Multinational mining company BHP has revealed it has been using its Pilbara iron ore mine Eastern Ridge as a test bed for innovations that, if deemed successful, will be rolled out across its wider operations.
The firm’s first ‘innovation mine’ has been covered in sensors and monitoring equipment to gather data about its operations.
“When it comes to innovation and technology at Eastern Ridge, our focus is on data,” said Jamie Bennet, who oversees the various projects at the mine.
“We are deep diving into our operations to find out what data we can create, record, monitor, understand and manipulate to help us work smarter, safer and more efficiently,” he explained.
Data collection and trials of new technology have been ongoing for around 12 months.
“Before we can initiate physical changes on site, we need to have real-time information about our processes. Our teams are hard at work developing systems to capture and read this data so we are able to use it to improve our daily routines and make operations safer,” Bennet said.
The data, much of it analysed in real-time, is being used to improve work scheduling and monitor pay load distribution on trucks, the firm revealed in an internal newsletter today.
“We see these innovations as the first steps – akin to the first mobile phone – which will set us on a course where technology plays a major role in how we operate,” Bennet added.
The company is rolling out autonomous drills across its Western Australia iron ore mines, controlled remotely from its Integrated Remote Operations Centre in Perth.
Its Jimblebar mine is close to fully autonomous, with ore hauled by driverless Caterpillar trucks. The trucks are “amongst our safest and most productive” and will be rolled out across other BHP mines in the region said BHP CEO, Andrew Mackenzie during a February results presentation. Two of the trucks were involved in a collision in March.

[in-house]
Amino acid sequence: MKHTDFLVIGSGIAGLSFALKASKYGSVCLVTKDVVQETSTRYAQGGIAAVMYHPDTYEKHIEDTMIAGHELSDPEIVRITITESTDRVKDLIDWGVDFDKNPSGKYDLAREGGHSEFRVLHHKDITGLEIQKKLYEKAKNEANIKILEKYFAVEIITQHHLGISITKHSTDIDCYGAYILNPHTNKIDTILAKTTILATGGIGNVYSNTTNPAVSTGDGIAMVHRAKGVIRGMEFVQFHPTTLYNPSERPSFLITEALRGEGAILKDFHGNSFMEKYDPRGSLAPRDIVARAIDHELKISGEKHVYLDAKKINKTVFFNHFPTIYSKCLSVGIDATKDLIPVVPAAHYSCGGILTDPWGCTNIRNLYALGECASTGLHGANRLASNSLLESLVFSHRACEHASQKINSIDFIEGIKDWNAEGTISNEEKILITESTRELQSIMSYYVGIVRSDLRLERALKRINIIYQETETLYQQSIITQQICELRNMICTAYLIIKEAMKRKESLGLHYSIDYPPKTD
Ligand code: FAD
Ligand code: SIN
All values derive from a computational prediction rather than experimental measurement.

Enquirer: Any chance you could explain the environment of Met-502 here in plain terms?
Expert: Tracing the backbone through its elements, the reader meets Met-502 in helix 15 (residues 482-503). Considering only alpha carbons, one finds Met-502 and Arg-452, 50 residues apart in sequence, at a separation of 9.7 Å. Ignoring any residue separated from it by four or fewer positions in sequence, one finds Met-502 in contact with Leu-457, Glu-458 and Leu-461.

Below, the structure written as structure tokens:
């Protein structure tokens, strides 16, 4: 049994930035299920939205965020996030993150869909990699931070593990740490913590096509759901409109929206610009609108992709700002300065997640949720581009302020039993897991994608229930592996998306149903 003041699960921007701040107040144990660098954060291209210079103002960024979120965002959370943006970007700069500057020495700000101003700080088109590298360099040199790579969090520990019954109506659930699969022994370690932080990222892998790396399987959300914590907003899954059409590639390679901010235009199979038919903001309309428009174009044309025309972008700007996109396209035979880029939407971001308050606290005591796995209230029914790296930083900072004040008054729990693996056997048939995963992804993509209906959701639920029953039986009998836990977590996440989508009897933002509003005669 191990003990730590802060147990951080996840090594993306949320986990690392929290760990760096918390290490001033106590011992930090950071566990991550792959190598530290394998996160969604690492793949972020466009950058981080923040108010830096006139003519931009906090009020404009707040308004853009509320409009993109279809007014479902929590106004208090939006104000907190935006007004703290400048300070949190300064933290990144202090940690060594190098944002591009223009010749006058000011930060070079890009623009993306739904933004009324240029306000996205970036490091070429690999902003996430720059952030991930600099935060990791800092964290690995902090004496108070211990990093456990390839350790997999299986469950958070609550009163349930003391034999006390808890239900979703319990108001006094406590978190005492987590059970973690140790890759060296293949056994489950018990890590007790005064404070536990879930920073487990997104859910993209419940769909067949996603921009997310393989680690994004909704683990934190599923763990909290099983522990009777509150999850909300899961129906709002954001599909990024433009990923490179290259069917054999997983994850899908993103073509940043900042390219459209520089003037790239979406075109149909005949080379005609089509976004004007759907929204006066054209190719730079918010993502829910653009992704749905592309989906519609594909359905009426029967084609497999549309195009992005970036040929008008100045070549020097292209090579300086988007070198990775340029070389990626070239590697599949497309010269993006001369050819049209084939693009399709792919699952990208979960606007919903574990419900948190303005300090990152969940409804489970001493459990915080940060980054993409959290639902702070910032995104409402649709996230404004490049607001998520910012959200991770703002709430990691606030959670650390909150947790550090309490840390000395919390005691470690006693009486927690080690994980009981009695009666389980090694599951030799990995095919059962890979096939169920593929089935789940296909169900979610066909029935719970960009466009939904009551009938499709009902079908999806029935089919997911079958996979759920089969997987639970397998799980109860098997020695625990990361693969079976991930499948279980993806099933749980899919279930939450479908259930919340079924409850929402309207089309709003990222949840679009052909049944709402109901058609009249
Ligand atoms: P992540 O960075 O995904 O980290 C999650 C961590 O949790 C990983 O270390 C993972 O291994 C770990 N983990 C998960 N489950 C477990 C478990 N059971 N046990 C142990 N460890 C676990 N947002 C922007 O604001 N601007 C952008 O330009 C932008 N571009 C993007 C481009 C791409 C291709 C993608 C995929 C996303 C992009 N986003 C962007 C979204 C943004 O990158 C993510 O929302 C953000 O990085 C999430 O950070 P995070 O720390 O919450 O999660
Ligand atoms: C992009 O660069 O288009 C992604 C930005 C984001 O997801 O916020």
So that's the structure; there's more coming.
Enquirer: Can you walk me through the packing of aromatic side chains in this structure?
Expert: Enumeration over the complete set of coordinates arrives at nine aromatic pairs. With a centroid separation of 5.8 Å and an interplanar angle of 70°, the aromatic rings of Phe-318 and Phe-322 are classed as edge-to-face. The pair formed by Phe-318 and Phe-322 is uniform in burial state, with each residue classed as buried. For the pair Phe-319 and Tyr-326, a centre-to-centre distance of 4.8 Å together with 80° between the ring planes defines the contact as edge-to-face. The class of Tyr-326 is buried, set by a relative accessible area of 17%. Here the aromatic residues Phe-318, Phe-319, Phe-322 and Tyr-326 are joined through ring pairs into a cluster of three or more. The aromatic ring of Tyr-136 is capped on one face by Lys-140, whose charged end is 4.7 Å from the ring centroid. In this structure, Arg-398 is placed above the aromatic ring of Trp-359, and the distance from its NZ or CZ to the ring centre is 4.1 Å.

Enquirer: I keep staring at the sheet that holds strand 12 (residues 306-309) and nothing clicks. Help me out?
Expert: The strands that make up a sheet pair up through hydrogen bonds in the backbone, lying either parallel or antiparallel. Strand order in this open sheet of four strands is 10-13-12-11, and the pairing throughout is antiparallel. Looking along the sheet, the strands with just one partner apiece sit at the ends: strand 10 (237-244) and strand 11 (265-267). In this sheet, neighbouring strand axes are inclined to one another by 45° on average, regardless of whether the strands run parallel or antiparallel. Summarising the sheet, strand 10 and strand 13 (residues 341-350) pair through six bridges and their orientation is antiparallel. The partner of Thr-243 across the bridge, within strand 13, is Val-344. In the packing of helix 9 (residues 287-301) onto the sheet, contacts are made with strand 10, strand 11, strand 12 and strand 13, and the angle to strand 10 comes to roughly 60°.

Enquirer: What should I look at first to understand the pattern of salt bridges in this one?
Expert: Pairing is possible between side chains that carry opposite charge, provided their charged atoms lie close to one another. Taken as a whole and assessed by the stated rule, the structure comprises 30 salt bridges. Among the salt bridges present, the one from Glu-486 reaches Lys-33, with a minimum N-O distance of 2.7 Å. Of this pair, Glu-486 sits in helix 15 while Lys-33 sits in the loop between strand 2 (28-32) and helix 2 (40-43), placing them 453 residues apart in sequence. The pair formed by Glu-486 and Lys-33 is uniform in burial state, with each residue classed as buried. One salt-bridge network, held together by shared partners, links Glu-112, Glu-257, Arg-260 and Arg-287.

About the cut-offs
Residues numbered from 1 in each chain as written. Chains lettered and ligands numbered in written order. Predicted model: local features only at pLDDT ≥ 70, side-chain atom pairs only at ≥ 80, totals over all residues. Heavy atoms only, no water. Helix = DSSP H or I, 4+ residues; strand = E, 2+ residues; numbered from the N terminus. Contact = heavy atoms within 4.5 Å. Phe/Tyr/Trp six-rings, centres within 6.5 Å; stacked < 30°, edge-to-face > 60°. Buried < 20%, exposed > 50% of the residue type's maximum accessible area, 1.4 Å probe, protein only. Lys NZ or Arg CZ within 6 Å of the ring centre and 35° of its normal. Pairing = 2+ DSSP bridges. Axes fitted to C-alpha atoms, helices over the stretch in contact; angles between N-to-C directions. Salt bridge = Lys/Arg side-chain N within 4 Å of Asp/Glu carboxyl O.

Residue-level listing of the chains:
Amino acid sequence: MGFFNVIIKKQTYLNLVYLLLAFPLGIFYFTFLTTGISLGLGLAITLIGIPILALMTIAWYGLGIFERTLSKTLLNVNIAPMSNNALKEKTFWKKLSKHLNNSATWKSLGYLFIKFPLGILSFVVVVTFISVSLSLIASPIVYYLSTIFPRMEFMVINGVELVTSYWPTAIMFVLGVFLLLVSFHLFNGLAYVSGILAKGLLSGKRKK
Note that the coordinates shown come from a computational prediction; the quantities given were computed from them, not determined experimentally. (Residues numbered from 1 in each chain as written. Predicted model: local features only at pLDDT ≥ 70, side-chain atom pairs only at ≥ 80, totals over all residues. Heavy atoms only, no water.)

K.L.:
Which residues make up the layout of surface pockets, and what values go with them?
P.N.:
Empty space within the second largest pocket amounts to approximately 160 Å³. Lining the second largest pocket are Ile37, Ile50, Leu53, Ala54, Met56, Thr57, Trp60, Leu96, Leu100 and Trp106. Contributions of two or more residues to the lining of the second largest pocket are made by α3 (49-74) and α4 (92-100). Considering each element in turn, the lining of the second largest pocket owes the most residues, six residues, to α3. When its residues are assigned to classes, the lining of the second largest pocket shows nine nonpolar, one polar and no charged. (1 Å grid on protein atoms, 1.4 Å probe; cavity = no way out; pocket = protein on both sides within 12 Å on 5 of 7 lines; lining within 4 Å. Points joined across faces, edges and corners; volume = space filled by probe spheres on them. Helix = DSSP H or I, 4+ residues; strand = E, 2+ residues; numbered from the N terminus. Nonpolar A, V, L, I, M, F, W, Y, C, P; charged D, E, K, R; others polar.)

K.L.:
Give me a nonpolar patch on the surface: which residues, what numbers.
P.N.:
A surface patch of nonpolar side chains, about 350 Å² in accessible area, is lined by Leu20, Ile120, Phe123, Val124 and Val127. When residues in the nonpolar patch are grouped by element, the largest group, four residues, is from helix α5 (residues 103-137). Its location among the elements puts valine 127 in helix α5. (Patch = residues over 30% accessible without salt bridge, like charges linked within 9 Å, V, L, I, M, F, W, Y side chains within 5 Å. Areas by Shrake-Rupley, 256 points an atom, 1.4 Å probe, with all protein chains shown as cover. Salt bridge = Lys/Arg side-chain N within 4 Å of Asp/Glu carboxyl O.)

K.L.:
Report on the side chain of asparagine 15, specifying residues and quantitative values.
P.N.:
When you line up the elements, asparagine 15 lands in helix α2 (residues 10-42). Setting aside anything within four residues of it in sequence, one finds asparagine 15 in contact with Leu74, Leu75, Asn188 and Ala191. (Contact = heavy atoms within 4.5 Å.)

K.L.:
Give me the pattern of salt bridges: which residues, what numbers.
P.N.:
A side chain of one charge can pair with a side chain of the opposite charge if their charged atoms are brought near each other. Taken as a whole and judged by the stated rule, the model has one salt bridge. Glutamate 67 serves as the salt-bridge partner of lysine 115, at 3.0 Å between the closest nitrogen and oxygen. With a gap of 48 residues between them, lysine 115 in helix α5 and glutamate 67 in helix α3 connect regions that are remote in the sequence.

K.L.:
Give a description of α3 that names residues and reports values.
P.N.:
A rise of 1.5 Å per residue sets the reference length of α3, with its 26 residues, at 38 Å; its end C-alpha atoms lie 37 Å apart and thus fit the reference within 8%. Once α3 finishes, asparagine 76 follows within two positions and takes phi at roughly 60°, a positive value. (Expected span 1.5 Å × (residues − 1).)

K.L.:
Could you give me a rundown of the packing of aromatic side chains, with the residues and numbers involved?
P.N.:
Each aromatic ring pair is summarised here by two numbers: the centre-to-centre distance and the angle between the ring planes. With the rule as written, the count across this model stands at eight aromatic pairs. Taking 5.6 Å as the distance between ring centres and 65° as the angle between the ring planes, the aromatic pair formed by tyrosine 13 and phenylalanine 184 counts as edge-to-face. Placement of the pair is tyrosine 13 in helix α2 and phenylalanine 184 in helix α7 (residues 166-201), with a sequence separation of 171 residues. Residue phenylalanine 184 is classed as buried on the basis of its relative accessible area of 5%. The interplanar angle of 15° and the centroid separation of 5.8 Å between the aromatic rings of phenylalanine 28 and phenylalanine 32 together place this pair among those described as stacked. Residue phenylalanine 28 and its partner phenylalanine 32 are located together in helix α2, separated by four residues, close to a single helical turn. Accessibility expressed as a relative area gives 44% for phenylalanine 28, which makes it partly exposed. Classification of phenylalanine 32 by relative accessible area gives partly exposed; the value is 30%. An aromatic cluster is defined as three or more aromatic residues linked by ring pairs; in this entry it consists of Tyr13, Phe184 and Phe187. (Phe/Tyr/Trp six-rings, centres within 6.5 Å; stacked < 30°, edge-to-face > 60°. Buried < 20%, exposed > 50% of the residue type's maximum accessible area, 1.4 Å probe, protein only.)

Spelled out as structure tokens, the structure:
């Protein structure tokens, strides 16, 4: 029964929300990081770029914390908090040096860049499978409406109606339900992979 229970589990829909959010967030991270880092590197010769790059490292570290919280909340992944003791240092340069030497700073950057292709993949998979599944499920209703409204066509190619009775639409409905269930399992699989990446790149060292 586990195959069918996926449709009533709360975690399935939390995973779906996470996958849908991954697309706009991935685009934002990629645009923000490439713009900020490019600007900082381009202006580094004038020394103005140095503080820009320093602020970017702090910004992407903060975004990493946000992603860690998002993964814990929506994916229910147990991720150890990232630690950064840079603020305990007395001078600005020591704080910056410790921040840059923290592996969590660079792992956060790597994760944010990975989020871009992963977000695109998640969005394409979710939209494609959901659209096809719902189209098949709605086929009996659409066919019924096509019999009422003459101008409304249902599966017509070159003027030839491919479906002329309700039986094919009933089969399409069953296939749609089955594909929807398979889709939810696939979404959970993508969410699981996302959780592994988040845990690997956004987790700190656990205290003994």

The miner is on a “path to rail automation” having rolled out 4G connectivity and automated signalling along most of its railway lines. In this area it is slightly behind rival Rio Tinto whose fully autonomous train completed its first delivery of iron ore between the miner’s Mount Tom Price mine and the port of Cape Lambertwhich last year.
Hundreds of BHP’s trucks drivers also wear ‘smart caps’ which measures fatigue by analysing brain waves, following a 2017 trial at its Escondida mine in Chile.
“Our first ‘innovation mine’… tests new solutions and mining innovations, and develops workforce capability so that our people are ready to respond to the technological changes ahead. And when our trials are successful they’re designed to be quickly replicated across our other operations,” Mackenzie said at a conference in May.
The work at Eastern Ridge has been happening in tandem with the company’s transformation office, which launched last year. The office “will help us simplify the way we work, take work away, lift the capability of our workforce and establish strategic and innovative partnerships,” Mackenzie said.
“The combination of these transformation and technology initiatives will create more stable and predictable operations and could unlock value worth tens of billions of dollars,” he added.
“Eastern Ridge is our proving ground for new technology,” said BHP general manager Newman operations Scott Barber.
Skills of the future
As traditional mining roles at the company are automated and staff moved into technology focused jobs, the firm says it is coming up against a shortfall in STEM qualified candidates.
“Our people will be the ones to make technological changes happen. This means the skills required to work in the mining industry will change too – and the skills people think they need to have to work in mining today may be very different to the skills needed in the future,” said Barber.
The BHP Foundation in 2016 committed $55 million over five years to various STEM skills related projects in Australia. It is also working with students at Newman Senior High School to introduce them to the mining roles of the future.
“Innovation through advancements in technology will undoubtedly bring change, as well as new and exciting opportunities for the mining industry and for the people who make it happen…This is why we are committed to working with our current and future workforce as well as the community in Newman to bring them along this innovative journey,” Barber said.
Nevertheless, the miner is reportedly reducing the headcount of its technology group.
According to The Australian, the company’s chief financial officer Peter Beaven revealed plans last month to cut more than 700 white collar jobs as part of a restructure.
BHP hired more than 1000 people into the technology function in 2017 – including more than 700 in Australia.